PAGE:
Meditations on Quixote
Meditations on Quixote
by José Ortega y Gasset
THE LITERARY WORK
A two-part collection of essays set in Spain circa 1914; published in Spanish (as Meditaciones del Quijote) in 1914, in English in 1961.
To bring Spain up to the height of its times, the essays argue that its idealistic, impressionistic worldview needs to be combined with a focus on the rational. They argue too that Cervantes’s writing contains the key to Spain’s problems, going on to show what makes his novel Don Quixote great.
Philosopher, journalist, critic, and educator, José Ortega y Gasset (1883-1955) distinguished himself as one of the leading thinkers in early-twentieth-century Spain. Born in Madrid to two influential publishing families, he was educated in Spain and in Germany, where he pursued studies in philology and philosophy in Leipzig, Berlin, and Marburg. From 1910 to 1936 Ortega served as a professor of metaphysics at the University of Madrid, then went into voluntary exile before the outbreak of the Spanish Civil War (1936-39). He wrote prolifically, founding several journals, most notably Revista de Occidente (1923-36; Review of the West), which set out to introduce the best of current culture into Spain. Published nine years before his death, his Obras completas (1946; Complete Works) comprise 12 volumes of over 500 pages each. Of all his works, the one to reach the widest audience was his controversial La rebelión de las masas (1929; The Revolt of the Masses, 1932), a critique of moral and mental mediocrity in contemporary Europe. Using the method of a philosophical movement of the era, phenomenology, the book analyzes the decline of moral and mental meritocracy in Europe. Ortega had drawn earlier on this same philosophy to write Meditations on Quixote, his first major work. Published when Spain was at a cultural crossroads, the essays in this slender volume use phenomenology to explore Spanish identity.
Restoration and illusion
Early-twentiethcentury Spain suffered an identity crisis that some say had been festering for 26 years, ever since the Restoration of the monarchy to the Spanish throne in 1874 (Orringer, “Redefining the Spanish Silver Age,” p. 319). In general the nineteenth century had been immensely trying in Spain. The beginning of the century found the Spanish busily clinging to remnants of their own country as Napoleon’s French army invaded and took charge of their land. Spain subsequently waged a successful war of independence (1808-13), then concerned itself with decades of political infighting and experimentation that led to the toppling of its Bourbon monarch, the initiation of democratic government in the form of the First Republic, and then a restoration of the Bourbon monarchy with two houses of Parliament in imitation of the British system. In all the turmoil, Spain lost its imperial grip. One by one, its colonies in the Americas and elsewhere proclaimed independence, until by the last quarter of the nineteenth century, only Cuba, Puerto Rico, Guam, and the Philippine Islands remained under Spanish control. Determined to retain these vestiges of empire, Spain harshly repressed independence movements in both Cuba and the Philippines.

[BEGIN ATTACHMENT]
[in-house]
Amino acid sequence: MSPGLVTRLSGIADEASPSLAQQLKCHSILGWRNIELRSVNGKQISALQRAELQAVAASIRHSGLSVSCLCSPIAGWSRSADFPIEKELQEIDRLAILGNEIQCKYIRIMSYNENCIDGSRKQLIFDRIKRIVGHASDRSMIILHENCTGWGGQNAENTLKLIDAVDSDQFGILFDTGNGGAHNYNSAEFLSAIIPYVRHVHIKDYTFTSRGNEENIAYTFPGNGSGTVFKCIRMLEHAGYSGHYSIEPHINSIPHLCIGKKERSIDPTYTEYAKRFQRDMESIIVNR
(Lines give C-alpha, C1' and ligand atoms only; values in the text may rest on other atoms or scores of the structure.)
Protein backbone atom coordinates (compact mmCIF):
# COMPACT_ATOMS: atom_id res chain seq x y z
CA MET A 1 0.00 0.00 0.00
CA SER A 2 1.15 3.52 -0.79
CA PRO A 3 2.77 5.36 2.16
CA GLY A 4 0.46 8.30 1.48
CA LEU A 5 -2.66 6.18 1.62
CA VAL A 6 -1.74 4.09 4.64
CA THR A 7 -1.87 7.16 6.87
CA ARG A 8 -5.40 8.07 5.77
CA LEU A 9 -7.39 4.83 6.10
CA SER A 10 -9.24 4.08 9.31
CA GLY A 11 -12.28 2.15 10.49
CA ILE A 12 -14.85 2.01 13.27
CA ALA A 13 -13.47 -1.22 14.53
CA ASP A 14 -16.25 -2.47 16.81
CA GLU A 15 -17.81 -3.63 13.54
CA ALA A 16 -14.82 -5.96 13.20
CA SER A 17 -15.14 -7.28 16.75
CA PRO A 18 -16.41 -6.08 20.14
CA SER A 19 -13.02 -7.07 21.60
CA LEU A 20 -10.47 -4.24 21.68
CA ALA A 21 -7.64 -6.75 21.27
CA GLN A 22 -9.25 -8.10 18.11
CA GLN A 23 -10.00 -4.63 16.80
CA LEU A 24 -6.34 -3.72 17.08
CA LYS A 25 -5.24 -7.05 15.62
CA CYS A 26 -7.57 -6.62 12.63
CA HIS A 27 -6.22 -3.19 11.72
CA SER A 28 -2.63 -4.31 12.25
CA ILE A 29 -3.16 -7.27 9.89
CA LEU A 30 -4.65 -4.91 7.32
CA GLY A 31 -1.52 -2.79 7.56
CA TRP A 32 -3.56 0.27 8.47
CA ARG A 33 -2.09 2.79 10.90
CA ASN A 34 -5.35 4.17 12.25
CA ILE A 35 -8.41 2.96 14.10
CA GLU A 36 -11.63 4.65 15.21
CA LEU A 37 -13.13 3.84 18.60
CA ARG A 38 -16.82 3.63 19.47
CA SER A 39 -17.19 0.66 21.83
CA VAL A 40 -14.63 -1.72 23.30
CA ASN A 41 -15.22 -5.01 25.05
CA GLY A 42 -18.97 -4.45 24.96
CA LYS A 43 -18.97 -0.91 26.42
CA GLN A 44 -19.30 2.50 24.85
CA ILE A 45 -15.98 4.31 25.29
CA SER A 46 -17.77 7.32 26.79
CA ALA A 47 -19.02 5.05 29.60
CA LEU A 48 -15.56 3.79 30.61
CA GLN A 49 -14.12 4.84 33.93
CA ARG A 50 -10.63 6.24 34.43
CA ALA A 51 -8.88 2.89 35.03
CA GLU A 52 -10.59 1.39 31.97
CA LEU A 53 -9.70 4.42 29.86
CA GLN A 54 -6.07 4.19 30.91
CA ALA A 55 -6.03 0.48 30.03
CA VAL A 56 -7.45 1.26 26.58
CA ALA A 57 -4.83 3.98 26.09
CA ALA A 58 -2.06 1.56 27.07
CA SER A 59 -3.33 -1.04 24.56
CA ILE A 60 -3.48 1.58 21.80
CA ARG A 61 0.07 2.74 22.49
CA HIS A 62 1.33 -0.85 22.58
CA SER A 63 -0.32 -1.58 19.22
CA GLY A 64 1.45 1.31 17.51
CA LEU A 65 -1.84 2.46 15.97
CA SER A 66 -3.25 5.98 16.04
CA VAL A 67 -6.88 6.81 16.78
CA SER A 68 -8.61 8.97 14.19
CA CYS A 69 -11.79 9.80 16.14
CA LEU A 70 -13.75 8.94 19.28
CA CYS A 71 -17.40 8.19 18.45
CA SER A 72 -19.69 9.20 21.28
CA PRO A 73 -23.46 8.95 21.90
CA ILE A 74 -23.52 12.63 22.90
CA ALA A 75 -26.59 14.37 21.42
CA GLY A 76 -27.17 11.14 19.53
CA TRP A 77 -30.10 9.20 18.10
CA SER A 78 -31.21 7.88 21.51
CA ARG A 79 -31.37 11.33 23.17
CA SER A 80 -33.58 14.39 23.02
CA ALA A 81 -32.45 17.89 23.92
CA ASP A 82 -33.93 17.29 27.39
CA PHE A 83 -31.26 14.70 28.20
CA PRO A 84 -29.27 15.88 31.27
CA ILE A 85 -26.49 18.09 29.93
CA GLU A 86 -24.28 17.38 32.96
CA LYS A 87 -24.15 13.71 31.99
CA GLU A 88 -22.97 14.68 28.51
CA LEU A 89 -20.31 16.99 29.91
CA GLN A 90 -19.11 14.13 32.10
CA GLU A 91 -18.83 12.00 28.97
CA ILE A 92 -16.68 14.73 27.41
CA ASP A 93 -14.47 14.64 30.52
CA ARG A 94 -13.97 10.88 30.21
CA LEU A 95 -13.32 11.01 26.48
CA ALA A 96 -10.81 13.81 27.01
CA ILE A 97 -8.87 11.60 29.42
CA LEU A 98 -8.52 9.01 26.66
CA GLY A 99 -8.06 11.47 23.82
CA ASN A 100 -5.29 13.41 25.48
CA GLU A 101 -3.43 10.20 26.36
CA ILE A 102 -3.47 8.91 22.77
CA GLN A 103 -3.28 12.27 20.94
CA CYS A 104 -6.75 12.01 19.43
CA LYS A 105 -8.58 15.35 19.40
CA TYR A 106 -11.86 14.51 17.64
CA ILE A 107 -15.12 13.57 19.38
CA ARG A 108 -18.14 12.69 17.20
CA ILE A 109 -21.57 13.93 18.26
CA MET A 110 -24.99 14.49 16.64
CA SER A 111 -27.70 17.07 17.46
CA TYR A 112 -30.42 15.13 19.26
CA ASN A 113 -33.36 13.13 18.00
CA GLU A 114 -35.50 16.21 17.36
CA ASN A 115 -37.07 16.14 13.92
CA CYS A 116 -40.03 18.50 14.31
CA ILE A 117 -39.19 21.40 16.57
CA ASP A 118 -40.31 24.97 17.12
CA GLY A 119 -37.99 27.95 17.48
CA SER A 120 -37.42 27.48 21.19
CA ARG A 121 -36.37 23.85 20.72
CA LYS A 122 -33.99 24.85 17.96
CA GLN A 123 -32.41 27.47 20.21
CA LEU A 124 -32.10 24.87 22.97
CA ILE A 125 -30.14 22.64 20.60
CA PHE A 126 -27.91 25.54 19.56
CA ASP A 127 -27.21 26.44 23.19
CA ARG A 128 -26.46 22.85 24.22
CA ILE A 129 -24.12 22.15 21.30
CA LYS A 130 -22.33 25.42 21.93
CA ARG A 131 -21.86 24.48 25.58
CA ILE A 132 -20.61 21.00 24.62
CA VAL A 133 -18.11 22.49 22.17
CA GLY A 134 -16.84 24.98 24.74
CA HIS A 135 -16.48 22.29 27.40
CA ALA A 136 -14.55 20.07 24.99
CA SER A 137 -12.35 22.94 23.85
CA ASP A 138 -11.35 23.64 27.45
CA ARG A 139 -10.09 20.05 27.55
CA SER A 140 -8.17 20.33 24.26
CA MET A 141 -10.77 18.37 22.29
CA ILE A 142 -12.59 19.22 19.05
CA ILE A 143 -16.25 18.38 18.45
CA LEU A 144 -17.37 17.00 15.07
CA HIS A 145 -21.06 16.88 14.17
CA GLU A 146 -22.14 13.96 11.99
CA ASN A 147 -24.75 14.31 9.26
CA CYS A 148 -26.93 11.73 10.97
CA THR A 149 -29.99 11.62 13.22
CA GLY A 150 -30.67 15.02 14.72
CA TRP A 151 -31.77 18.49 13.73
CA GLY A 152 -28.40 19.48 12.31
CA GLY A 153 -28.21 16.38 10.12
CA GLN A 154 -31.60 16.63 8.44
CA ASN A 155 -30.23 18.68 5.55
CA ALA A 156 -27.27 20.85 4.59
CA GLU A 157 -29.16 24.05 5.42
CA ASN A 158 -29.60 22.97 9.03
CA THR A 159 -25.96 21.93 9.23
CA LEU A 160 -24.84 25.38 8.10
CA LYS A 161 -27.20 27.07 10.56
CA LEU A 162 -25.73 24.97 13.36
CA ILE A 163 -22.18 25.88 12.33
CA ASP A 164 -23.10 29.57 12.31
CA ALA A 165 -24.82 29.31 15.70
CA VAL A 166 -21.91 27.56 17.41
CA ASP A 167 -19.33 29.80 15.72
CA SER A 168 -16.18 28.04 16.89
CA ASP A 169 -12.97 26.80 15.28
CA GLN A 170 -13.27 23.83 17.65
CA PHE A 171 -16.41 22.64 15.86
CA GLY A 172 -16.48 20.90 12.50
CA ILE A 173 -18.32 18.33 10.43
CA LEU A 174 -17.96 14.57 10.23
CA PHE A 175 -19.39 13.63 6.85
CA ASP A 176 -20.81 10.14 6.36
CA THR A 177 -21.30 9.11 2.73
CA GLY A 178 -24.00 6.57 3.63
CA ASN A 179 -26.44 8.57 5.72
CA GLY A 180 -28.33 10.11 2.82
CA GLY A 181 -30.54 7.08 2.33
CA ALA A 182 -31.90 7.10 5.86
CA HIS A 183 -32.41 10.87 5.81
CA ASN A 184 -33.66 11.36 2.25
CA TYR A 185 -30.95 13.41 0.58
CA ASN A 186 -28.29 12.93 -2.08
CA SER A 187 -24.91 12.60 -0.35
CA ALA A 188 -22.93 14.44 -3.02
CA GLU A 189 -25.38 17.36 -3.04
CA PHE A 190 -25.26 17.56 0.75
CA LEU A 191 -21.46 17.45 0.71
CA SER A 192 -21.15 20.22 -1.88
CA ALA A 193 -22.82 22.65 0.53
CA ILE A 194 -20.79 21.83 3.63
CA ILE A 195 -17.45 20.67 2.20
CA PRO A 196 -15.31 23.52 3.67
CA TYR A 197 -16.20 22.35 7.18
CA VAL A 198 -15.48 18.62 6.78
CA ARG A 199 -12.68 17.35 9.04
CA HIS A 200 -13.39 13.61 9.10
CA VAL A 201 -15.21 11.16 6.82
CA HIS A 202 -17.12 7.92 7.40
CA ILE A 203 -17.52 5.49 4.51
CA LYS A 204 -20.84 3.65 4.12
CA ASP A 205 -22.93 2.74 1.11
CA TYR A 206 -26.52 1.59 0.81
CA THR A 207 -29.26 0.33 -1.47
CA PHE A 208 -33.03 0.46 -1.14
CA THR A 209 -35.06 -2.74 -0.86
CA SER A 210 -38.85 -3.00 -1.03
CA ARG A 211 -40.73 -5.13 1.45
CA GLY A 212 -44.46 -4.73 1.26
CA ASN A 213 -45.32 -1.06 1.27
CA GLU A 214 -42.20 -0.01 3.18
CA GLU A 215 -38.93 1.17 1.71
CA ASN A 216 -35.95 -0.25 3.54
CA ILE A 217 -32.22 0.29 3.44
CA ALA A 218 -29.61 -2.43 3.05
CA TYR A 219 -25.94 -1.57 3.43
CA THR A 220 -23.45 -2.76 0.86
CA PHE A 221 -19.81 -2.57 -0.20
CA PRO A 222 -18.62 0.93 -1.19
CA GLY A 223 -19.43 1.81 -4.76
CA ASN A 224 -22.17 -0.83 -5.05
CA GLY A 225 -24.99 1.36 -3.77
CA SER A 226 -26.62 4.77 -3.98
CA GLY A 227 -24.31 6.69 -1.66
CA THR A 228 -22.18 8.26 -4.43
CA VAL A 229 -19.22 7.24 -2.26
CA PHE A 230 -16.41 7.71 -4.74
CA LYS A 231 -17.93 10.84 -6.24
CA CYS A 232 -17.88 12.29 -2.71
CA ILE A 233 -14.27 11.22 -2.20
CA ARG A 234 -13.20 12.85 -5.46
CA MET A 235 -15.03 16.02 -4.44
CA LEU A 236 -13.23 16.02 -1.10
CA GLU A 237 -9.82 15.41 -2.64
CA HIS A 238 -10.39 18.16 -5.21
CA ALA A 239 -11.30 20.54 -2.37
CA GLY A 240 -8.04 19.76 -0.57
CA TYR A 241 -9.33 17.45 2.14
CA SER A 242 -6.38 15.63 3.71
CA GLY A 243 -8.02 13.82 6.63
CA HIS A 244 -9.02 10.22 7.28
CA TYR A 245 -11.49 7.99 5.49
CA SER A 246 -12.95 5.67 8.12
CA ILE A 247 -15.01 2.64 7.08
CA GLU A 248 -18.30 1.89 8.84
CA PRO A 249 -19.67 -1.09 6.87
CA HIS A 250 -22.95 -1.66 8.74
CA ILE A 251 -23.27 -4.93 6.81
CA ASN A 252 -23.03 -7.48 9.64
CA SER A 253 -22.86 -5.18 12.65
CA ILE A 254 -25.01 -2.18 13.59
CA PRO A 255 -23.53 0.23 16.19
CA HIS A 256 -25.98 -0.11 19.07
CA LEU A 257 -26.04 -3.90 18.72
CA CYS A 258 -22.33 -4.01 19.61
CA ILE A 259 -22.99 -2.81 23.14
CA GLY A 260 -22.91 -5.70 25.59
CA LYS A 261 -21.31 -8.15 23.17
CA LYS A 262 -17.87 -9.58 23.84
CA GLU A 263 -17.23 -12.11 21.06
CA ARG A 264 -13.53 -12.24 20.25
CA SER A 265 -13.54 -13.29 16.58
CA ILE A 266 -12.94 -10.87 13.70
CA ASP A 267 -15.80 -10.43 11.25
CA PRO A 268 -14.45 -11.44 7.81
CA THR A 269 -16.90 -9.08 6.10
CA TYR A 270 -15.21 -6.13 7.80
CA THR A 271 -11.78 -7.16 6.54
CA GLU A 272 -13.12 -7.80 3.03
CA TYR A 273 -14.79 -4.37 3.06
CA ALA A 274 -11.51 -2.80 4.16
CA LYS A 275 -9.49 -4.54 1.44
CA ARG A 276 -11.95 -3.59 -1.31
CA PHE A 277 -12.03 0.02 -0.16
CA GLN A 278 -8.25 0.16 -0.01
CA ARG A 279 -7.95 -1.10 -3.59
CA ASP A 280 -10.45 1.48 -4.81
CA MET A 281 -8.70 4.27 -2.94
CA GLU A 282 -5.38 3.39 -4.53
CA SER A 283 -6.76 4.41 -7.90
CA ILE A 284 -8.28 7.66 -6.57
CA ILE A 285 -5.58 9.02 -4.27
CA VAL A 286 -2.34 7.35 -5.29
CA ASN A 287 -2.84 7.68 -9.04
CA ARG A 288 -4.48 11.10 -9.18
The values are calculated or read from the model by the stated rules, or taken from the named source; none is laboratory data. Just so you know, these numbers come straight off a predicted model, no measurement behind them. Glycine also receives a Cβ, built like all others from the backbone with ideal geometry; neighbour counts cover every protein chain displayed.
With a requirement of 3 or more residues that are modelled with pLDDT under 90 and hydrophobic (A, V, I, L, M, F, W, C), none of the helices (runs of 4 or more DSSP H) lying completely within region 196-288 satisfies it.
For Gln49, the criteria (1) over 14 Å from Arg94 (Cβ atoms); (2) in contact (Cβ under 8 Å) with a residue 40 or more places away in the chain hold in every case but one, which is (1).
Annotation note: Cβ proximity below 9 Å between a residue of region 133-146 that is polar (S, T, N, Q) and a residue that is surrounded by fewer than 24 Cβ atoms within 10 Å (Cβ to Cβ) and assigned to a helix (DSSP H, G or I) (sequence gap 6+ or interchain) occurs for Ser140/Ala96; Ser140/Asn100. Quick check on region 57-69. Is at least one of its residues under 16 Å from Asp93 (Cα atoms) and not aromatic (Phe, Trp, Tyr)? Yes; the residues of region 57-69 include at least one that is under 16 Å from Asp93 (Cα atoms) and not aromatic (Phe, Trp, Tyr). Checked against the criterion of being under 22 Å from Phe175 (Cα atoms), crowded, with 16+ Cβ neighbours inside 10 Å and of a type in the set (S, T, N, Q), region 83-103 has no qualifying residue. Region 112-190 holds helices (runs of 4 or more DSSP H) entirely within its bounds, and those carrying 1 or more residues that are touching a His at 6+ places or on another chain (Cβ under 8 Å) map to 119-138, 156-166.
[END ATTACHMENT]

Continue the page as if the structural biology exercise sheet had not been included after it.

Though its empire had dwindled drastically, Spain continued to conceive of itself as a major world power. The illusion was kept in place by an orderly but corrupt political system—caciquismo—which replaced the chaotic factionalism that led to the removal of the monarch (Isabel II) by a military junta in 1868. The restoration of a monarch (Alfonso XII) in 1874 ushered in an era of peace, and in 1876 a new constitution proclaimed Spain a constitutional monarchy along British lines. The so-called constitutional monarchy belied reality, however. Beneath the constitutional veneer, for two decades, the Liberals and the Conservatives—the main political parties that had earlier fomented unrest and civil war—alternated peacefully in power, regulating affairs through caciquismo. Elections proceeded apace, calmly, or so it seemed on the surface; they in fact operated on a foundation of deep-seated corruption. Peaceful elections were crookedly fixed on a local level by party bosses, the caciques. Under their direction, votes, for example, were cast by nonexistent bodies, and corpses would emerge from their graves to vote.
The architect of the Restoration and the author of the Constitution of 1876 was the Conservative leader Antonio Cánovas. In Meditations on Quixote Ortega attacks Cánovas and the illusion that everything was functioning well in Spain. He suggests a link between the Restoration’s cultural shallowness and a general blindness to the profound nature of Cervantes’s novel. On the contrary, Ortega argues, during the Restoration Spanish culture had lost touch with its Golden Age masterpiece, Don Quixote (also in WLAIT 5: Spanish and Portuguese Literatures and Their Times).
There has been a time in Spanish history when people refused to recognize the depth of Don Quixote. This period is known by the name of the Restoration. During that time the heart of Spain slowed down to the lowest number of beats per minute.
(Ortega y Gasset, Meditations on Quixote, p. 70)
Ortega goes on to quote several paragraphs from a famous lecture he gave in 1914 entitled Vieja y nueva política, Old and New Politics. In this lecture, he sharply contrasts political and cultural figures of the Golden Age with those from the Restoration, condemning the latter as a mere “parade of phantoms” and Cánovas himself as “the impresario of that phantasmagoria” (Meditations, p. 71). Ortega sought in this lecture to gather those intellectuals devoted to reforming Spain into a new political party, the League of Political Education. Among those he hoped to attract were members of the Generation of 1898.